For most people, hearing loss occurs very gradually. The process of getting hearing aids, however, is not gradual. You walk into the audiologist's office, and a few minutes later you're hearing! It takes the brain time to get adjusted to the new sounds you'll be hearing through the hearing aids. To make the adjustment process a little easier, start with easy situations and work your way up to more difficult listening environments.
Cleveland Hearing & Speech Center audiologists are highly trained professionals. We have Doctoral and Master’s degrees in audiology and we have devoted our careers to helping you hear better. At CHSC, We believe that life is improved by successful communication. We are dedicated to helping people hear better so they can fully enjoy the people and activities that bring meaning to each day.
Your Cleveland Hearing & Speech Center (CHSC) audiologist can place an order for your hearing aids. Before you can order a hearing aid, you must have your hearing tested. Once this testing is done, you should talk with your audiologist to decide which hearing aids are best for you, your hearing loss, and your lifestyle. Next, the audiologist will take an impression of your ear. During this process, she will put a putty-like material in your ear for about five to ten minutes. This material will harden to the shape of your ear so the hearing aid company can make your custom hearing aid.
Infant hearing loss affects approximately 2-3 out of 1,000 live births (NIDCD).
As of July 2004, all babies born in the state of Ohio receive a free hearing screening before they go home from the hospital. The Universal Newborn Hearing Screening (UNHS) legislation has been helpful in detecting hearing loss sooner and allowing families to begin helping their babies earlier. Typically, hearing is tested at birth, and, if it’s normal, is not tested again until approaching age 4. This usually takes place on a visit to the pediatrician. Hearing is screened again when the child enters school. Many schools then alternate between vision and hearing screenings during the school-age years.
Impairments in hearing can happen in either frequency (the high or low pitch of a sound) or intensity (the volume of a sound), or both. For example, a person may not be able to hear very high-pitched noises like a whistle, or they may not be able to hear the TV unless the volume is turned up – or both. Hearing loss severity is based on how well a person can hear the frequency or intensities most often associated with speech. Severity can be described as mild, moderate, sever, or profound. Hearing loss can be congenital (occurring from the time of birth) or acquired (developing later in life after a period of normal hearing). Hearing loss can affect one or both ears – and in different degrees of severity in each ear. A loss that affects one ear is called a “unilateral” (one-sided) hearing loss. A loss that affects both ears is called a bilateral (two-sided) hearing loss.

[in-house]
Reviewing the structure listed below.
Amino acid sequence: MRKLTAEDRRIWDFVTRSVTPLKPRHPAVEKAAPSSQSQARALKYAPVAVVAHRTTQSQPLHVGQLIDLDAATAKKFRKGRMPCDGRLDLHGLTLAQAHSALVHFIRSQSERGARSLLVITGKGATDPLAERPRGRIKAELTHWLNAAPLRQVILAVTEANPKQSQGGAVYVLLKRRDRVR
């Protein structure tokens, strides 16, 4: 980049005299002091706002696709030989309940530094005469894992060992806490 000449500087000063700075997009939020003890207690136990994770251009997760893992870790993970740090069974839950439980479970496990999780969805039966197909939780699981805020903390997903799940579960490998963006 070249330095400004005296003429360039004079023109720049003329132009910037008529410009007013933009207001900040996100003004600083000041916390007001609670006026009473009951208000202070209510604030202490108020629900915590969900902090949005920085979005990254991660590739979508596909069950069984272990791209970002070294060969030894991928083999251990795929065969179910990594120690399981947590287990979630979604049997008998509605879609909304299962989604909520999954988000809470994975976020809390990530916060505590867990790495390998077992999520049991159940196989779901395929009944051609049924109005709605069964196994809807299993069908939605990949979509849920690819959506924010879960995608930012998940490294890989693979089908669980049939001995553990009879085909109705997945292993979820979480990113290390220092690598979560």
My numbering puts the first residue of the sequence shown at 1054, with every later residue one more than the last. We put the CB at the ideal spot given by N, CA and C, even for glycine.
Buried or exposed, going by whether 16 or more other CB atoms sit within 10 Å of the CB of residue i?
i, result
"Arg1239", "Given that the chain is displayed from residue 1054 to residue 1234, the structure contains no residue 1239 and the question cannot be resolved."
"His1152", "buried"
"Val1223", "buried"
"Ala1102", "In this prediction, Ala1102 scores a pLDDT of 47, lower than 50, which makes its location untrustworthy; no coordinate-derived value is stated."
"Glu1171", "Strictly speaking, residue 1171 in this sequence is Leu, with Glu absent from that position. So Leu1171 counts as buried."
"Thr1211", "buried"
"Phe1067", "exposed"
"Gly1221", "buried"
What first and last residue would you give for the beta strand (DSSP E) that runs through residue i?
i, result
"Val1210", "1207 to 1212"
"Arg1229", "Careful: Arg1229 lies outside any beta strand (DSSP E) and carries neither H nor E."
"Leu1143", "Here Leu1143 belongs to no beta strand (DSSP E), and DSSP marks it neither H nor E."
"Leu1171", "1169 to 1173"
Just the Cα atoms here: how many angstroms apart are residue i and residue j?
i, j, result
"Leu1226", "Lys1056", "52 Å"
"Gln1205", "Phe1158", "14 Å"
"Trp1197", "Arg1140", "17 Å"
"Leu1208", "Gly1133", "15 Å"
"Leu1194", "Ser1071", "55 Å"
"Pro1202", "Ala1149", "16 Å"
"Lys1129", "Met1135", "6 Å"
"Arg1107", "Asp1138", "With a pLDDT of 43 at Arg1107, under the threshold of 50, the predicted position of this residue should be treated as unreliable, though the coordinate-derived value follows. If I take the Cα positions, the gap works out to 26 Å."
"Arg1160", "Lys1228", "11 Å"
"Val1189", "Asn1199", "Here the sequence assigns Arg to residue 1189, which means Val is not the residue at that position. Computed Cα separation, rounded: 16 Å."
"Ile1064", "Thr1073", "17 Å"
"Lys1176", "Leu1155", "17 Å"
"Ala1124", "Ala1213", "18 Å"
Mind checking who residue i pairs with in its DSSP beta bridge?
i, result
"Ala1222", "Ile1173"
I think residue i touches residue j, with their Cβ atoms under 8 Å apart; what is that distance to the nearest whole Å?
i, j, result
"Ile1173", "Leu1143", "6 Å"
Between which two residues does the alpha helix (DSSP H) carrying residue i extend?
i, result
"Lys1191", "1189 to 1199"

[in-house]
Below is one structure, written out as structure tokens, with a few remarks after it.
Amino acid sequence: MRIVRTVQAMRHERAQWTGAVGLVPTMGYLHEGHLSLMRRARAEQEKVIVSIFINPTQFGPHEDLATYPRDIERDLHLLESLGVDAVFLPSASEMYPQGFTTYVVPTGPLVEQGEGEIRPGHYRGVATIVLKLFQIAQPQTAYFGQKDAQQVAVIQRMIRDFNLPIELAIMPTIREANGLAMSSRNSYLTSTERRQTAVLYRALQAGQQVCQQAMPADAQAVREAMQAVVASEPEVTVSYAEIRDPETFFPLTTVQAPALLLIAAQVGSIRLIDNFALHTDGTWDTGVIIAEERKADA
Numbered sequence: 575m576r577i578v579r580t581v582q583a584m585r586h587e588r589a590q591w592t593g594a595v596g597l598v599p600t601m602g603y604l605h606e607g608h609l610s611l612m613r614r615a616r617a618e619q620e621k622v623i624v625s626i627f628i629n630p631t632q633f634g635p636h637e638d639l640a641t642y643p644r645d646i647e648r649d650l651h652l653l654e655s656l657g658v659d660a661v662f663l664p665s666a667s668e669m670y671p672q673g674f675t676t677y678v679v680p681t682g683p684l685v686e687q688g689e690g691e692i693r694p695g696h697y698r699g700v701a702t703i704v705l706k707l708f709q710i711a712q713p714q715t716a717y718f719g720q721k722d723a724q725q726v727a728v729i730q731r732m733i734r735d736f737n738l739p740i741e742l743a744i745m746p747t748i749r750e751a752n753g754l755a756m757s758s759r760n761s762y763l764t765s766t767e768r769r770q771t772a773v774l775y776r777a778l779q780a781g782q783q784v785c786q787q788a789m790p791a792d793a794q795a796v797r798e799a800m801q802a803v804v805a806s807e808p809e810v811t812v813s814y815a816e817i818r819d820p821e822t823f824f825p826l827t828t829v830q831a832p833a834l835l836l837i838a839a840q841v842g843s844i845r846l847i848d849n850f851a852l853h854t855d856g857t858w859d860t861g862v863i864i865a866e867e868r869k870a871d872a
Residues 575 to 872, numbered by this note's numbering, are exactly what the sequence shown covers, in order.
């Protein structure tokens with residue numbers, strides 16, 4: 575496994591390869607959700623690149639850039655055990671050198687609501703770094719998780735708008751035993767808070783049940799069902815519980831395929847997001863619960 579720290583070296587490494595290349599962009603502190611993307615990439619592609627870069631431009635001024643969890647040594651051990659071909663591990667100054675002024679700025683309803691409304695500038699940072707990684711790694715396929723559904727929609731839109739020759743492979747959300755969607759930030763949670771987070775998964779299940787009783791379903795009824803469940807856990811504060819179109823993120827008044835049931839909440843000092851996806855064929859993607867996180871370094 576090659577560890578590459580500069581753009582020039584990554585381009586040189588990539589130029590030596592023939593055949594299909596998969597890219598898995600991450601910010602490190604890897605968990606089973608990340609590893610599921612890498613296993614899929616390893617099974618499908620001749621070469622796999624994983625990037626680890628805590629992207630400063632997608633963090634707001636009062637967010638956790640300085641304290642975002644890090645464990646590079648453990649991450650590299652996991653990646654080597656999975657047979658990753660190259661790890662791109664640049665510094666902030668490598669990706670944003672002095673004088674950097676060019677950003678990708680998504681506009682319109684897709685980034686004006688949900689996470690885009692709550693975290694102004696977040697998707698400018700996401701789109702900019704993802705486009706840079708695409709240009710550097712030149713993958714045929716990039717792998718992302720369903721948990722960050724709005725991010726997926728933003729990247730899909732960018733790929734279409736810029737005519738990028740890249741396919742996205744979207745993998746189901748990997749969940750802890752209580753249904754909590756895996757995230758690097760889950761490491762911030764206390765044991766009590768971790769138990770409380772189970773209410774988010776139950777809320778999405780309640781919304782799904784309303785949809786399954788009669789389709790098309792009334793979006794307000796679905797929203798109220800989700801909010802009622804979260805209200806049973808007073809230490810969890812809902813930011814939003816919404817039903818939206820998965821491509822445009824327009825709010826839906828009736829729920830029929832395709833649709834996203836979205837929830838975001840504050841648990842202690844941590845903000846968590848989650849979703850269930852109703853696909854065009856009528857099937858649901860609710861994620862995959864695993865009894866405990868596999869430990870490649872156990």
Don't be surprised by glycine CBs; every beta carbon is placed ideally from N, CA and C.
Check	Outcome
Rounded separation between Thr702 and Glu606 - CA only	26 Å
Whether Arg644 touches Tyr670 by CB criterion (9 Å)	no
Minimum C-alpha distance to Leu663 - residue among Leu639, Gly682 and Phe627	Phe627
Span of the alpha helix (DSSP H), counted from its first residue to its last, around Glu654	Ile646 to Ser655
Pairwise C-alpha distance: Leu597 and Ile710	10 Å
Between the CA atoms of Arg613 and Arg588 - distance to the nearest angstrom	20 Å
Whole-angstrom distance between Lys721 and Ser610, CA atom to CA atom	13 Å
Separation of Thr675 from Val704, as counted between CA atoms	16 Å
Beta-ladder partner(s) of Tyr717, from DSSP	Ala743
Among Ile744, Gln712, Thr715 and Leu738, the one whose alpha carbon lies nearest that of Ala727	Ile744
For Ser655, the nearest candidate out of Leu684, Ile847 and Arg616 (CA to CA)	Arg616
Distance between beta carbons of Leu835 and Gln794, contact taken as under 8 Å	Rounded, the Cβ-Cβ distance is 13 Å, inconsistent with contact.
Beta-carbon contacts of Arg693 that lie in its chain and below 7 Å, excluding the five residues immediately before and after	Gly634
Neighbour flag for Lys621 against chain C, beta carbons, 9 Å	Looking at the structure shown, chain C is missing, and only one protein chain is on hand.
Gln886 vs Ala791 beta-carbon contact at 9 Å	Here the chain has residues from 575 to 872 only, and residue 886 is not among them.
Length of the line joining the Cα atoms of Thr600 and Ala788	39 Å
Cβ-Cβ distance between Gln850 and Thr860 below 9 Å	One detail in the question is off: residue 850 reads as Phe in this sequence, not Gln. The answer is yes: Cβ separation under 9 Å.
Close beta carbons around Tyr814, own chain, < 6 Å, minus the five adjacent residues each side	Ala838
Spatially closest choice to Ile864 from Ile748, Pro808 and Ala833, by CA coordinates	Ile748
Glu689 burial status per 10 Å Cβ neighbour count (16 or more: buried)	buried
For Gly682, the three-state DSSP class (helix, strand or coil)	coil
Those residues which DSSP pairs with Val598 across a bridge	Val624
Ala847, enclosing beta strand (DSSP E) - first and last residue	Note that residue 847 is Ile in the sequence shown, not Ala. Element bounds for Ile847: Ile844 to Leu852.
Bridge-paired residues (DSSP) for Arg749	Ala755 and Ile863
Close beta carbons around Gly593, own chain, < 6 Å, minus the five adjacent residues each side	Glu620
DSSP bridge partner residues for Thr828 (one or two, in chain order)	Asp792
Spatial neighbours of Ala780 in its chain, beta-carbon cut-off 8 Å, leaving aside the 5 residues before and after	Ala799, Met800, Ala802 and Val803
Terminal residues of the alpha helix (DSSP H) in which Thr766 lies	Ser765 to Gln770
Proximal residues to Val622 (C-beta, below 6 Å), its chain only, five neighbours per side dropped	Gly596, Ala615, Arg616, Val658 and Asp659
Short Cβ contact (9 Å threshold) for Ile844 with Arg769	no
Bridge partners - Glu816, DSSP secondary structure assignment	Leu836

When your hearing aids do not provide enough help in certain environments, or if you don’t wear hearing aids but need help hearing only in certain situations, you may want to consider an assistive or alerting device. Discuss with your audiologist which devices might be helpful to you. At CHSC, we offer a variety of devices and can you determine which is right for you.
The outer ear is what most people consider “the ear.” It consists of a flap of skin/cartilage (called the pinna or auricle) on the outside of the head. It collects sound and directs it into the ear canal. The ear canal is a closed tube with hairs and “wax glands” in the outer portion. Our ear canal is self-cleaning. The wax glands produce wax, or cerumen, and the tiny hairs push the wax out of our ears. As the wax moves out of the ear, it cleans the ear canal and keeps unwanted critters, such as insects, out of the ear. At the end of the ear canal is the eardrum, or tympanic membrane. When air moves it creates vibrations. These sound vibrations are collected by the pinna and directed into the ear canal, to the eardrum, causing it to vibrate just like the head of a drum when you hit it with a drumstick. When an audiologist or physician looks into a healthy, unobstructed ear with an otoscope, s/he can see the outer surface of the eardrum.
Auditory processing is basically how hearing works between the ear and the brain. It consists of a specific set of skills that most of us perform without any difficulty – or awareness. These include: